It’s a shame, because there were some great shows this year for onstage representation. Hadestown and Ain’t Too Proud are obvious entries here, but there’s also shows like Oklahoma! with its reimagined race dynamics—and my eternal love for Ali Stroker, who just became the first wheelchair user to be nominated for a Tony. The Prom is one of the few shows in Broadway history to center a lesbian couple (much of the show is more about the Broadway performers than the couple in question, but I’m going to give it to them). Be More Chill and Head Over Heels have exciting representation in race and gender… and were almost 100% ignored by the Tony nominations. Oops. We’re almost to that conversation, but first:
A Special Note on Jeremy Pope
Jeremy Pope originated two different roles on Broadway this year, a serious accomplishment in itself, and was nominated for both roles—best featured actor in a musical for Ain’t Too Proud and best lead actor in a play for Choir Boy. He’s only the sixth person to be nominated in two performance categories ever, and if all of that wasn’t impressive enough, Choir Boy was his Broadway debut. I’m not saying Pope is going to become a Broadway superstar… actually yes, I am saying that.
Alright, Now We’re Talking About Be More Chill
For those unfamiliar with the show, Be More Chill is unusual because it got to Broadway through a young, online fanbase. After a New Jersey run in 2015, the show died and was never expected to be revived. Then years later, the musical theater teens of the internet found the cast recording and became completely obsessed with it. Their passion for the show drove it to Off-Broadway and then a Broadway premiere in March. It’s a strange science-fiction musical about teenagers, featuring a creative score imbued with electronic music. It received exactly one Tony nominated, best score for Joe Iconis.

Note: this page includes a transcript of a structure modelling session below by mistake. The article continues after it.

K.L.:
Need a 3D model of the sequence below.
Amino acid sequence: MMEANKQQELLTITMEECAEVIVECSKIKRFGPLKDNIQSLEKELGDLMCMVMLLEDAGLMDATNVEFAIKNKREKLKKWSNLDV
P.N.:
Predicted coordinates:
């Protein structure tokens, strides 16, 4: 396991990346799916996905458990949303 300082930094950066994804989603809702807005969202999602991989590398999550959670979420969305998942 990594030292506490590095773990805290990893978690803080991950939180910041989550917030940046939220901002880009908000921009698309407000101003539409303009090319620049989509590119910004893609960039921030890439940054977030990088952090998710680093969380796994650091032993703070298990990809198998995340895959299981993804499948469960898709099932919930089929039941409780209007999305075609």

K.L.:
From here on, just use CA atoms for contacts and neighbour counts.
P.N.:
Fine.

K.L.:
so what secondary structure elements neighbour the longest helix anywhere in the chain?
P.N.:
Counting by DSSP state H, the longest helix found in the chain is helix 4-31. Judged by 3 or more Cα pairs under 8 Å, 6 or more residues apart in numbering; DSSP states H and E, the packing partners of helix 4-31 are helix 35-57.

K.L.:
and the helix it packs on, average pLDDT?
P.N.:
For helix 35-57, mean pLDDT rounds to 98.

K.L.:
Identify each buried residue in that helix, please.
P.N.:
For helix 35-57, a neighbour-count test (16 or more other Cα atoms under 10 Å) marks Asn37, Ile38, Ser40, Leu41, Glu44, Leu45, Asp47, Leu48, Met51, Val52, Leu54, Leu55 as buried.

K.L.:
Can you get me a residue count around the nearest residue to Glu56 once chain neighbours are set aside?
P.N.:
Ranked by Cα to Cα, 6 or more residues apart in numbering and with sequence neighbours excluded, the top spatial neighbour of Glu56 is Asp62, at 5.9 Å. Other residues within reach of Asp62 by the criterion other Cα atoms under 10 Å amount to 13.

Let me start by saying that I personally think the score is best part of Be More Chill, so if there was only nomination for them, I’m glad it was for score. That said, I will go to my grave convinced that George Salazar deserved a Best Featured Actor nomination. He does not have a panic attack in a bathroom eight times a week for this kind of disrespect!